Deep Differences Stall Talks Of Syrian Opposition Council A three-day meeting to reshape and strengthen the main Syrian opposition coalition has instead dragged on for six days, and the main thing that has been strengthened is the coalition's reputation for in-fighting. The coalition is trying to expand its membership, ratify a government-in-exile, pick a new president, and decide whether to attend June talks with the Syrian government. Several members have threatened to bolt the coalition in protest, and pressure from outside players, including the U.S., Europe and Gulf Arab countries, has thus far merely intensified the coalition's polarization.

Deep Differences Stall Talks Of Syrian Opposition Council

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Syrian President Bashar al-Assad and his government forces aren't the only concern for Syria's rebels. The opposition coalition is struggling with deep - and perhaps irreconcilable - differences within its own ranks. Diplomats from the U.S., Europe and Arab states have converged on an opposition meeting in Istanbul, in what appears to be a last-ditch attempt to resolve some of those differences. If the effort fails, observers fear it will mean an end to efforts to convene direct talks between the opposition and Assad's government.

NPR's Peter Kenyon is in Istanbul, and he joins us now. And Peter, normally you'd expect foreign diplomats to keep a low profile when they're arm-twisting like this one is, but this group today marched right into the opposition meeting in Istanbul. Who are the diplomats, and what are they trying to achieve?

PETER KENYON, BYLINE: Well, Melissa, it's a fairly high-powered cross-section from many of the countries who are backing the opposition. U.S. Ambassador Robert Ford is there; his French counterpart, Eric Chevalier; the Turkish foreign minister, Ahmet Davutoglu, showed up. You also have officials from Qatar, Saudi Arabia and Jordan. And then you have the liberal opposition bloc leader Michel Kilo, who has been trying all week to get his bloc of 22 members to join this coalition - so far without success, except for a token - eight - number of them.

And as to what they hope to accomplish here, first on the agenda seemed to be staving off the train wreck that this meeting was threatening to become. Thus far, the various factions of the coalition are giving every appearance of caring more about their own share of power than their ability to represent the Syrian people. This sense that we've heard before - that the coalition is tone deaf to the suffering going on inside Syria - has probably never been greater. It seems clear that the immediate goal was to make some kind of progress on this question of talks with the government.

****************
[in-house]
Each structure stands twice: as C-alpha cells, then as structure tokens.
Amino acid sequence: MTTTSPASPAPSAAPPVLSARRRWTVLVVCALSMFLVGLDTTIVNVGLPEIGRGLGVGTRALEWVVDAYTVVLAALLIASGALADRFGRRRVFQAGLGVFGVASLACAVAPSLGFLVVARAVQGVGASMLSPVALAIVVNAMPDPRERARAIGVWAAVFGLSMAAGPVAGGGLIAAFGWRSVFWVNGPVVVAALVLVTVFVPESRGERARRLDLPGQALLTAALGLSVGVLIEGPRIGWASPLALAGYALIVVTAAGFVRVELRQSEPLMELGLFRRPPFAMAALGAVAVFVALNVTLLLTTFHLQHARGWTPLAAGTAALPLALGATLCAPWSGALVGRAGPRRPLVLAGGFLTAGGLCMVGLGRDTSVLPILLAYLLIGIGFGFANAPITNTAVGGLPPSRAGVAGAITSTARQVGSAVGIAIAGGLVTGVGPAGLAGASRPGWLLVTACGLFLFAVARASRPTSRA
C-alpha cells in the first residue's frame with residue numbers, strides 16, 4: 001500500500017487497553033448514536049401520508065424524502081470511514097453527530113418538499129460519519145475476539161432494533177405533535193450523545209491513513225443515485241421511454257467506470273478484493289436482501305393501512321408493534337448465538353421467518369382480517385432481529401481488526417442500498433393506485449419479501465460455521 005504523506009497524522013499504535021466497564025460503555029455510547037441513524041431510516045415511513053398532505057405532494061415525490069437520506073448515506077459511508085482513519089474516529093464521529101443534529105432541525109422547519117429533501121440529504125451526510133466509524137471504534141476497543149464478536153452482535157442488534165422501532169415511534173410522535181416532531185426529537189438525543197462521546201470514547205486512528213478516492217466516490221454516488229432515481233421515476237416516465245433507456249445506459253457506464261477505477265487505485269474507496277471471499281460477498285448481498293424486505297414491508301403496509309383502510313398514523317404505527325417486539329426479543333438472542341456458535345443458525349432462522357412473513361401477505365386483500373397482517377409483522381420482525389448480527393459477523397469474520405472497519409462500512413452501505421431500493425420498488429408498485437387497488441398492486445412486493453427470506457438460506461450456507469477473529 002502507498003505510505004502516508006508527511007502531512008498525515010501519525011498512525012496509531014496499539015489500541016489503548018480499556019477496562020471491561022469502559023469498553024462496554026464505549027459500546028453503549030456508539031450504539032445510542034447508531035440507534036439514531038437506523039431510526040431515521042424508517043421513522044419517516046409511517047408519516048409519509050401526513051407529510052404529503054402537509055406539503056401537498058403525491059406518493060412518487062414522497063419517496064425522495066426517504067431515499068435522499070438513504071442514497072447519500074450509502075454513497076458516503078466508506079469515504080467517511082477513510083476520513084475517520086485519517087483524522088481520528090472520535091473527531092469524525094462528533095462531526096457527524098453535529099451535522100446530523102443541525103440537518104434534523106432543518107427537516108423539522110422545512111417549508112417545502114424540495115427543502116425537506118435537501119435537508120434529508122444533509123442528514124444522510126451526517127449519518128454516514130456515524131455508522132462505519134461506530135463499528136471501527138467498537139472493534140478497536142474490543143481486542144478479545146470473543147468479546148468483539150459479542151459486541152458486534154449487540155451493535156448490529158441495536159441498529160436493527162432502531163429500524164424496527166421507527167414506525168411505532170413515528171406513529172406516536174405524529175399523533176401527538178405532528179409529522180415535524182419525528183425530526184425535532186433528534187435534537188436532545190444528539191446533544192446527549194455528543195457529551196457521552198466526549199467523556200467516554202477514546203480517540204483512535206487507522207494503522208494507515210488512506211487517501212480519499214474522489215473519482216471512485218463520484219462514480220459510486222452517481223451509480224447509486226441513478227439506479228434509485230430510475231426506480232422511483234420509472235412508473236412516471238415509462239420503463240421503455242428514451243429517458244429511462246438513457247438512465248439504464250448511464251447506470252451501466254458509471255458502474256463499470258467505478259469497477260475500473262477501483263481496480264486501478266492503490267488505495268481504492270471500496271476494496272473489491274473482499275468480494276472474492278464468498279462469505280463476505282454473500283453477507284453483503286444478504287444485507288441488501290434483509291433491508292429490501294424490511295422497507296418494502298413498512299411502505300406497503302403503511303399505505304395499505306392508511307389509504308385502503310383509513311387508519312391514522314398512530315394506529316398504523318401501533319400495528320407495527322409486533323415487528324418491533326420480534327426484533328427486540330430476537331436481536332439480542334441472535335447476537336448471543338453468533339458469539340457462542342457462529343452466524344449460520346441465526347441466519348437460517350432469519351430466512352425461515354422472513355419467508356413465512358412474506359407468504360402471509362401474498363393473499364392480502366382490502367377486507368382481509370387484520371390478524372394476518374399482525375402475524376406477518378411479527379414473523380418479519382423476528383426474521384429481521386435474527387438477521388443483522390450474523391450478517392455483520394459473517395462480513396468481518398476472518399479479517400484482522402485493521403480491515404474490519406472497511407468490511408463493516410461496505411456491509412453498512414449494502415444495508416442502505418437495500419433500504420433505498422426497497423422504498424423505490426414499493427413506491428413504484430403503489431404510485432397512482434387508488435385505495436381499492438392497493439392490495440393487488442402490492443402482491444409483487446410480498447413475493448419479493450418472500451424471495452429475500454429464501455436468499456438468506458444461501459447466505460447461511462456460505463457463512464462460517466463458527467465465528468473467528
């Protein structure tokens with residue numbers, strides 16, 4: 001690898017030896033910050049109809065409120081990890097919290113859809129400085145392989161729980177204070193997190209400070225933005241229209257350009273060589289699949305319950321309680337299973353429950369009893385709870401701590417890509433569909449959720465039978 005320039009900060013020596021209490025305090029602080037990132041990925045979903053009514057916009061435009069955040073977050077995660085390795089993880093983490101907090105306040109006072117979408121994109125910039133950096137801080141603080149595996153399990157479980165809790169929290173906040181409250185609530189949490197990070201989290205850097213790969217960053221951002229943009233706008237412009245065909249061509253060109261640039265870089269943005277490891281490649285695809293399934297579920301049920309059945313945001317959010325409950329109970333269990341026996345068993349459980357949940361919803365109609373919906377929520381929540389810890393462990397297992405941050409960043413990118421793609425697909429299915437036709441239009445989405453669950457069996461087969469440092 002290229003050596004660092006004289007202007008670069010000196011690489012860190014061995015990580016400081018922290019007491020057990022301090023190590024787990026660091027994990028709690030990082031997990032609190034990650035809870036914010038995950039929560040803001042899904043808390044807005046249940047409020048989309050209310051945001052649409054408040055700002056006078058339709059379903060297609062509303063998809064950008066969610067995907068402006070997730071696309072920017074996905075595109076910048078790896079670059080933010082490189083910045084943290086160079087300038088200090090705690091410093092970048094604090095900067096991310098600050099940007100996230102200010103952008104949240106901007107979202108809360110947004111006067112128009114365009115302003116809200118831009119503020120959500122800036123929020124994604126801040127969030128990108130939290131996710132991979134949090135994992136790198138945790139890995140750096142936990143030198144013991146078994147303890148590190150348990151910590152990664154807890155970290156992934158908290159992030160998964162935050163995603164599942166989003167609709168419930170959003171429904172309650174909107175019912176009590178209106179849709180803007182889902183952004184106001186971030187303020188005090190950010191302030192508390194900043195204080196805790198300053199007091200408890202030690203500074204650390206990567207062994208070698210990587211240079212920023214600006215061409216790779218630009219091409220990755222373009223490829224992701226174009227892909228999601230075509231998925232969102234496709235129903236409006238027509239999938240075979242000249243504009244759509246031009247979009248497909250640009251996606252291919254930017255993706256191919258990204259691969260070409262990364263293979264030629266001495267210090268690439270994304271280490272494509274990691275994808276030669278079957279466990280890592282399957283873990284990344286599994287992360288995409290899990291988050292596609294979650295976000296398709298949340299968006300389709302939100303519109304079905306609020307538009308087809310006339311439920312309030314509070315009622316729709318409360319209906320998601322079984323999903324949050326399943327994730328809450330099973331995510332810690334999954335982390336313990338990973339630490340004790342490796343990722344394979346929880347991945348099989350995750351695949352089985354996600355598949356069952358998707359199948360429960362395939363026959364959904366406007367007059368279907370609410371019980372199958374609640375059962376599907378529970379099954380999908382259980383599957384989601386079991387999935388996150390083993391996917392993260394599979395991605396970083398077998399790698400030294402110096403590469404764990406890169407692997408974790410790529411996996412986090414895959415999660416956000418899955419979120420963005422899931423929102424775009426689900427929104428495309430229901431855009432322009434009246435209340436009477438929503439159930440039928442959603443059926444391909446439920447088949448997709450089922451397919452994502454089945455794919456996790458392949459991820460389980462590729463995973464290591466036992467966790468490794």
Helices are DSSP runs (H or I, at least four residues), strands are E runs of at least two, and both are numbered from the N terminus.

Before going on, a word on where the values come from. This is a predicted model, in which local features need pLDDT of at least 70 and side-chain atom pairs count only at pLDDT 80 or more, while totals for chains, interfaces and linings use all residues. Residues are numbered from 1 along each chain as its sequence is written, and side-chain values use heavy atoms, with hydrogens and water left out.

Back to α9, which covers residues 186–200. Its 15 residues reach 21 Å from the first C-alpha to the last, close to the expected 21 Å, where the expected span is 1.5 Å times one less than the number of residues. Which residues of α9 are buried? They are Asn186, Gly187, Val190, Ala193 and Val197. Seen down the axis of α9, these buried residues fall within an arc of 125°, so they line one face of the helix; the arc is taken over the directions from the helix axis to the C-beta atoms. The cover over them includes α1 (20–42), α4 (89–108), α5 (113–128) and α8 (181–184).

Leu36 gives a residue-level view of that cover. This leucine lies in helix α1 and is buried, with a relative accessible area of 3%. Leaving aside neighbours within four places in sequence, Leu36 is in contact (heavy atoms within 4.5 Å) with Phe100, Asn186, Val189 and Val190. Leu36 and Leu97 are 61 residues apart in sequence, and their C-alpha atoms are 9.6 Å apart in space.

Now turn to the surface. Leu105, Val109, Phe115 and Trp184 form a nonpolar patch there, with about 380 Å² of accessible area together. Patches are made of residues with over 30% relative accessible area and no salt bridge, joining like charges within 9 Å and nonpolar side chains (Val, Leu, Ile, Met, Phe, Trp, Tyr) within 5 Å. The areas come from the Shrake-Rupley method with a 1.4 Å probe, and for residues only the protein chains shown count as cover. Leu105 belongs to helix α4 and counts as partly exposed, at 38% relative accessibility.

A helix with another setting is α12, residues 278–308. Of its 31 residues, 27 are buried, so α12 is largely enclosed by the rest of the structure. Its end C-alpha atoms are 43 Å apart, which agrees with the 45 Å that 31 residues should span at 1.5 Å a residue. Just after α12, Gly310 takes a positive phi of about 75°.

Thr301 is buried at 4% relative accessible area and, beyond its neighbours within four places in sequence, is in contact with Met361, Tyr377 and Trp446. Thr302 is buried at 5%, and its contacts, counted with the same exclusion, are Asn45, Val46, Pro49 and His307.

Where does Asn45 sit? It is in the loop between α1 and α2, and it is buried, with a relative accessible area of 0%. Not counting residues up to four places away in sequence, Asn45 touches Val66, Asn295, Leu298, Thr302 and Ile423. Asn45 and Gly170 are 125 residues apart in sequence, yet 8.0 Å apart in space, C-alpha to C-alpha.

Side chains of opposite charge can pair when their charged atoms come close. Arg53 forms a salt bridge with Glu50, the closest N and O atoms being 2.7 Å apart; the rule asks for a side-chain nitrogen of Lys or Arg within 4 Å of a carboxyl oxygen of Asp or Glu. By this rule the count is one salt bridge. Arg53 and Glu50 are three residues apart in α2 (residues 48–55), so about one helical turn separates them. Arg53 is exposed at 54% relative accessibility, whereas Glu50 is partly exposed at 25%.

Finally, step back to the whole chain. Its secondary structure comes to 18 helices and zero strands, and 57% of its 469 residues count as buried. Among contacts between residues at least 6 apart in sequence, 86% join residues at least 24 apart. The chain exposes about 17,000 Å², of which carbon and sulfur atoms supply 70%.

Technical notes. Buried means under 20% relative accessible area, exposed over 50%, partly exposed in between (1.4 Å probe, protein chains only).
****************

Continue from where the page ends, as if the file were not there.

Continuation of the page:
BLOCK: And I gather that after several hours with the diplomats, there were some signs that progress had been made on that question that you mentioned, about attending these talks. What do we know about that?

KENYON: Well, as the meeting broke up for dinner, we did confirm that there was a statement of principles on attending these so-called Geneva 2 talks. That statement calls for an immediate cease-fire; withdrawal of Hezbollah forces from Syria; the ability of Syrians to defend themselves - that, obviously, means receiving weapons. And the most important principle seems to be a deadline; that if they attend, there must be a deadline for an internationally guaranteed transition that involves Syrian President Bashar al-Assad leaving power. The opposition clearly fears the talks could drag on for some time, and they don't want that to happen. Now, this hardly guarantees the talks will take place. But it does seem to give these international diplomats some reason to move forward.

BLOCK: And Peter, hasn't the Assad government made it clear that that deadline that you're talking about would be a complete nonstarter for them?

KENYON: Complete nonstarter; the foreign minister has been out repeating that, even since this statement was announced. And Assad himself has said that he has every intention of running again in 2014, assuming the country is in any shape to hold elections.

BLOCK: Well, Peter, beyond the talks there in Istanbul, the Syrian opposition was supposed to elect a president; ratify an interim government; and add new members to the coalition, to reduce the influence of the Muslim Brotherhood. What happened with that?

KENYON: Well, so far, nothing. And they may take another crack at this question of expanding the membership. But it seems, at the moment, that all of these other issues beyond the Geneva 2 talks may have to wait for a later meeting.

BLOCK: OK. NPR's Peter Kenyon in Istanbul. Peter, thank you.

KENYON: You're welcome.

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